TOKYO -- China and the U.S. are better prepared for the 5G mobile era than any other country, even though South Korea is about to become the first to launch the superfast communications services this week, a new survey shows.
The world's two largest economies shared first place in a ranking of 5G readiness released on Tuesday by the Cellular Telecommunications & Internet Association, a U.S. industry group. They were followed by South Korea, Japan and the U.K.
In China, commercial 5G services are not expected to start until 2020, but the country is leading the way in terms of building infrastructure. With strong government support, the country has been installing base stations to build up a vast 5G network. One study found China has more than 14 wireless base stations per 10,000 people, compared with 4.7 in the U.S.
But the U.S. climbed to the top of the ranking, from third place last year, thanks to more investment from carriers as well as government moves to allocate more spectrum.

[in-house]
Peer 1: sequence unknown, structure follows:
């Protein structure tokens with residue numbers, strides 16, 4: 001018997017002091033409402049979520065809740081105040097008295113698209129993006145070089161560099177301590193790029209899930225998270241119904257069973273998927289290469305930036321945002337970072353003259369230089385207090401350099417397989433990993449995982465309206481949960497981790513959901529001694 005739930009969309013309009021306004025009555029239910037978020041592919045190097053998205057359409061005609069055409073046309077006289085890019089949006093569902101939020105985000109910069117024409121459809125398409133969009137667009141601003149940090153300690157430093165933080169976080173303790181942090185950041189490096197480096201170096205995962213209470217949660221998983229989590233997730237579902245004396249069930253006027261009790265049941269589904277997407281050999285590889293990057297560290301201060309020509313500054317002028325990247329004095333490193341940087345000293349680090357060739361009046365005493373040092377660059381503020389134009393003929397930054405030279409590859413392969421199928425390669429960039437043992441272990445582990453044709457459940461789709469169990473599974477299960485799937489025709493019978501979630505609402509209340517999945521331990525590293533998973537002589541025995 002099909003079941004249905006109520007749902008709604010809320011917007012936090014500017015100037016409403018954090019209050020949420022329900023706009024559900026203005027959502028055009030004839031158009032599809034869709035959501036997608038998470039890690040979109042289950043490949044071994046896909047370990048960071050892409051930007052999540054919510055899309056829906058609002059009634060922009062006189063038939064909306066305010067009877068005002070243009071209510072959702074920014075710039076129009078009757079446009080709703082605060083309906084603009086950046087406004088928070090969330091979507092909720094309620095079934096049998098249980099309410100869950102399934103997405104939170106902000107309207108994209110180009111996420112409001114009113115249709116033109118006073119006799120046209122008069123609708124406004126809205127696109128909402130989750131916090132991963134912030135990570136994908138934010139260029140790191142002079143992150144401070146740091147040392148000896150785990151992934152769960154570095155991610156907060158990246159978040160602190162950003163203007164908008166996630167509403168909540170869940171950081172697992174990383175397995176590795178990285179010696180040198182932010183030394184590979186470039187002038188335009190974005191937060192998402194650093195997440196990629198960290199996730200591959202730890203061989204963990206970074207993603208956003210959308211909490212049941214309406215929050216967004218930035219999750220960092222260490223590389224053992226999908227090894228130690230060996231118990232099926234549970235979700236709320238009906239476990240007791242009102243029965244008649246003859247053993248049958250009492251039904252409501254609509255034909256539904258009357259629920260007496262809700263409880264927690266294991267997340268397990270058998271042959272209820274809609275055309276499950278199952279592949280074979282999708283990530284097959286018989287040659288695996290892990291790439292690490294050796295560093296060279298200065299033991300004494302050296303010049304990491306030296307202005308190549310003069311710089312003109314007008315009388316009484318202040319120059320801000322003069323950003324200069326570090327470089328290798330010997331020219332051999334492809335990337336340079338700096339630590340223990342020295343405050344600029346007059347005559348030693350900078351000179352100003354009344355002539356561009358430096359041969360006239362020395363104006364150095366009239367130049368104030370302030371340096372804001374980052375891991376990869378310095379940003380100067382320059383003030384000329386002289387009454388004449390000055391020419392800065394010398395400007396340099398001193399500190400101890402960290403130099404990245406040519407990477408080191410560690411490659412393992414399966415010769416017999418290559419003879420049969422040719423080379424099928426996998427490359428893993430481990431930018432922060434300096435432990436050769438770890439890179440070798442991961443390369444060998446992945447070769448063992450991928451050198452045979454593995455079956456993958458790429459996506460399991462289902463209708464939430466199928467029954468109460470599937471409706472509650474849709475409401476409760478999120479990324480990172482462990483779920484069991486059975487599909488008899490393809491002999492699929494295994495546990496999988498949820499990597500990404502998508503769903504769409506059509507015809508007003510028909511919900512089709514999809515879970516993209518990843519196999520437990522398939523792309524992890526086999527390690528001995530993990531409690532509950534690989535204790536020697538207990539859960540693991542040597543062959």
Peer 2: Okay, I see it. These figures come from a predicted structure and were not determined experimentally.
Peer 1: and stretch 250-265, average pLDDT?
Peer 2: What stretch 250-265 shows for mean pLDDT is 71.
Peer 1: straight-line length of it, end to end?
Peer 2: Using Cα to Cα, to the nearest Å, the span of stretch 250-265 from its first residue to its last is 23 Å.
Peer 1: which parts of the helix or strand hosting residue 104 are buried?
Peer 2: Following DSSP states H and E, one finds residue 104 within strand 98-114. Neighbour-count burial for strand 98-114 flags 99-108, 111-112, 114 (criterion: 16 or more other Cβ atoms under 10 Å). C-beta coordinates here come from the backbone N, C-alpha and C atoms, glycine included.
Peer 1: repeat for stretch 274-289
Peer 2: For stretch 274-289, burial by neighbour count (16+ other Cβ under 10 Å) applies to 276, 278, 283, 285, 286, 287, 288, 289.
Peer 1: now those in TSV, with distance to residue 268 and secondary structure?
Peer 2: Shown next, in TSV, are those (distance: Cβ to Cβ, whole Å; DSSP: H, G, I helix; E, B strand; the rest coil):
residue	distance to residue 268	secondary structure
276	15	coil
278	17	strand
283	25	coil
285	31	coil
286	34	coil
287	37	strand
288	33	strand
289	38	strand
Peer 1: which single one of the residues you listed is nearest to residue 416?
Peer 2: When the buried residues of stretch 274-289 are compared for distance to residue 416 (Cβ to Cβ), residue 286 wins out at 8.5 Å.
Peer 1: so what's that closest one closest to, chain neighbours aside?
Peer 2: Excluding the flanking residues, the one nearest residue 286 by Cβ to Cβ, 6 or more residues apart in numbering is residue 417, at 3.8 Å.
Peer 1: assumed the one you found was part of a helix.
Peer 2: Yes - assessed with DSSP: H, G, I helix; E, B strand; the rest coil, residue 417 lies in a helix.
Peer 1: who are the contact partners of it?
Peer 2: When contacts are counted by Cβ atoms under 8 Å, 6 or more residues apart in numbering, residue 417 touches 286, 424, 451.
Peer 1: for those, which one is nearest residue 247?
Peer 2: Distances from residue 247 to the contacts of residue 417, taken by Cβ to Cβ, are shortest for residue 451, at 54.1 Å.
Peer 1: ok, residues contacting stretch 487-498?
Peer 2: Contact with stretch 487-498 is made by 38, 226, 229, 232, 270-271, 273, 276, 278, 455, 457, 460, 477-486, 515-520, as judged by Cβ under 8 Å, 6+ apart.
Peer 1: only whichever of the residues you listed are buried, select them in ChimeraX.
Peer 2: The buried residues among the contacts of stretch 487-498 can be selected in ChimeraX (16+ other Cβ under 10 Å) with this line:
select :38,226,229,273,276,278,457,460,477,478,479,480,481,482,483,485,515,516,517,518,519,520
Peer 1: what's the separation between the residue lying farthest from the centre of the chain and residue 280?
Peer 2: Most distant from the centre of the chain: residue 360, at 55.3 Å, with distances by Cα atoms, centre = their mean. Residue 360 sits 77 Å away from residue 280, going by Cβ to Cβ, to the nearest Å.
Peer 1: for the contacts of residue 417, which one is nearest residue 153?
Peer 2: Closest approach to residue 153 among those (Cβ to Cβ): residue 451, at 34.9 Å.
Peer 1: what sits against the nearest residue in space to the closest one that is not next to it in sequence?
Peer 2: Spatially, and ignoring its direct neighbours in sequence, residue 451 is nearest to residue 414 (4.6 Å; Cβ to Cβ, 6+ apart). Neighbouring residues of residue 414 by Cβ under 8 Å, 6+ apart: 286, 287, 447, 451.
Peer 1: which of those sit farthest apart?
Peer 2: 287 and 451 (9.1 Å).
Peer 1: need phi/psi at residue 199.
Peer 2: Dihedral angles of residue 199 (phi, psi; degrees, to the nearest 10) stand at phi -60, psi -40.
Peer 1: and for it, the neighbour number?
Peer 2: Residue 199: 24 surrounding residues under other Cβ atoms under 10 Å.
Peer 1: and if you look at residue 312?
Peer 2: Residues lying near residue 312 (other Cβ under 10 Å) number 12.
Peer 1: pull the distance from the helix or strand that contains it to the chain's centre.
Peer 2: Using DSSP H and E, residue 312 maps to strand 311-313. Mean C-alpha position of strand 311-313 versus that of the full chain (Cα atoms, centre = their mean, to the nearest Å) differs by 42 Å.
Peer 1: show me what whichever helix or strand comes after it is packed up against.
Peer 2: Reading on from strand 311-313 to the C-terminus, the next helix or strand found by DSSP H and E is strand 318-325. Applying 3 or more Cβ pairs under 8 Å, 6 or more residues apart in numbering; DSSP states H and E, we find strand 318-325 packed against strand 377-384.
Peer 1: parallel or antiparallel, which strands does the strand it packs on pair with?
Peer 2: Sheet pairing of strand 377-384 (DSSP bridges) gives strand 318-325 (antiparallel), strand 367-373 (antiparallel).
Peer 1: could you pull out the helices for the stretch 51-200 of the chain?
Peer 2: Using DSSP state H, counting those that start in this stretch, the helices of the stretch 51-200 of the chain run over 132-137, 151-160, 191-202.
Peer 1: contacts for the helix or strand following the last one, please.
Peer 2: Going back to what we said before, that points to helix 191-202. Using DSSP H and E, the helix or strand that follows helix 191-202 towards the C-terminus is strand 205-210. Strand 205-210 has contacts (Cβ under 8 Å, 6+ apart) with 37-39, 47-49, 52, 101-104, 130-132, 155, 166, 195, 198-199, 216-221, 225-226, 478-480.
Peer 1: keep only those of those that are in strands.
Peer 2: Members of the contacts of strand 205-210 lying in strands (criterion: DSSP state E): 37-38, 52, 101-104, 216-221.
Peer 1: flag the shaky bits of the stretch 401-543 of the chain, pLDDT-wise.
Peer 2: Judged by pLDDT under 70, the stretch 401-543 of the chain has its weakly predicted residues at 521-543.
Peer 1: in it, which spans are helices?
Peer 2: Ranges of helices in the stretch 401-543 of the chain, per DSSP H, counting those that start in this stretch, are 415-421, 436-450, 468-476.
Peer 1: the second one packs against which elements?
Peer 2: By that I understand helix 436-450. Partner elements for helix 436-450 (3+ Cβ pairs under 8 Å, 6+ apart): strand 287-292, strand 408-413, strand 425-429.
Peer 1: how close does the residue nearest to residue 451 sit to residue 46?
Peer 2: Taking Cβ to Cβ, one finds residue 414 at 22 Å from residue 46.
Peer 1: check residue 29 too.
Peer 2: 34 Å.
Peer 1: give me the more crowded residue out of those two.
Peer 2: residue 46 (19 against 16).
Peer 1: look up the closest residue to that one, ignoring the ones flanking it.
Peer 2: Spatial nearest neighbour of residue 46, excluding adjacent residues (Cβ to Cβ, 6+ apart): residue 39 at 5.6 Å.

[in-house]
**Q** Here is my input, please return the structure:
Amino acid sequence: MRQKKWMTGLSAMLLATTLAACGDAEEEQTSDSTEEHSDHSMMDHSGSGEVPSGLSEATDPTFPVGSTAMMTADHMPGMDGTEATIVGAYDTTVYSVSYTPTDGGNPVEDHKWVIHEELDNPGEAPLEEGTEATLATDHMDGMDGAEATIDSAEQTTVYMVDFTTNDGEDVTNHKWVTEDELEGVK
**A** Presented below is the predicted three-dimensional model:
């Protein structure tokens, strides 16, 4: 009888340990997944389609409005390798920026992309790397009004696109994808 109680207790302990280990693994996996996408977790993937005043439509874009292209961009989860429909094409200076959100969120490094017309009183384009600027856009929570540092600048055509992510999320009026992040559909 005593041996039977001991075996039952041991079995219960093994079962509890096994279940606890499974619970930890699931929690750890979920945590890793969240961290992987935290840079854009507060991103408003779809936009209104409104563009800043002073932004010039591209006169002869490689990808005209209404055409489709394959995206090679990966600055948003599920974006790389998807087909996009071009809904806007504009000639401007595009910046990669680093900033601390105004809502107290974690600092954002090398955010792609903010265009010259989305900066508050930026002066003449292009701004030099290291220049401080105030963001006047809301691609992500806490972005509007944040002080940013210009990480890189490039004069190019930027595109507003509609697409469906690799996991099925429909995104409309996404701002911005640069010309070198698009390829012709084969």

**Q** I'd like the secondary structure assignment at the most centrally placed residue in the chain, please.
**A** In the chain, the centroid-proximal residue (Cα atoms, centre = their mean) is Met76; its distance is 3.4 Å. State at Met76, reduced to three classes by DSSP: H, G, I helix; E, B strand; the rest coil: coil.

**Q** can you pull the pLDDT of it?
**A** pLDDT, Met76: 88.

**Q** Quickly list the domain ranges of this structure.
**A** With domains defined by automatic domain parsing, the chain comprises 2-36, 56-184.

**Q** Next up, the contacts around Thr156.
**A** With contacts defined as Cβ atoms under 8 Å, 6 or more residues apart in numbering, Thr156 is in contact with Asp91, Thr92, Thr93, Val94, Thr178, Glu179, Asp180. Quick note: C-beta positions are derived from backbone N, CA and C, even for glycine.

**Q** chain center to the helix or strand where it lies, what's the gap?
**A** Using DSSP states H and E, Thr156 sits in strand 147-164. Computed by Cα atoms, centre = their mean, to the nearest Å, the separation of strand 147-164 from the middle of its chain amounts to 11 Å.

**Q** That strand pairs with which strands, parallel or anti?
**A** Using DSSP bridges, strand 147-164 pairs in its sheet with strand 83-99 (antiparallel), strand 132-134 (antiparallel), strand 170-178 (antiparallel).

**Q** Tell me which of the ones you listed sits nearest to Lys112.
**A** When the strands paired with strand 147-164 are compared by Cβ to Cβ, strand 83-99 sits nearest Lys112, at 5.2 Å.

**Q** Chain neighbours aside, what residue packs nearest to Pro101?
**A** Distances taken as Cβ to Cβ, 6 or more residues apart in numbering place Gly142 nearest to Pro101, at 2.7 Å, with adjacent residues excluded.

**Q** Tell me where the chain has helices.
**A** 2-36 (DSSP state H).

"Reforms that have been made to make it easier to deploy mobile infrastructure have given the U.S. a leading position," said Jannette Stewart, principal at Analysys Mason, which complies the survey.
South Korea dropped to third, from second, despite carriers' head start with offering 5G access. The nation's three leading operators will open the network to users of Samsung Electronics' Galaxy S10 5G smartphones on Friday.
Buoyed in part by the Pyeongchang Olympics in 2018, South Korea had been leading the development of 5G, pushing early investment, research and trials in the private sector.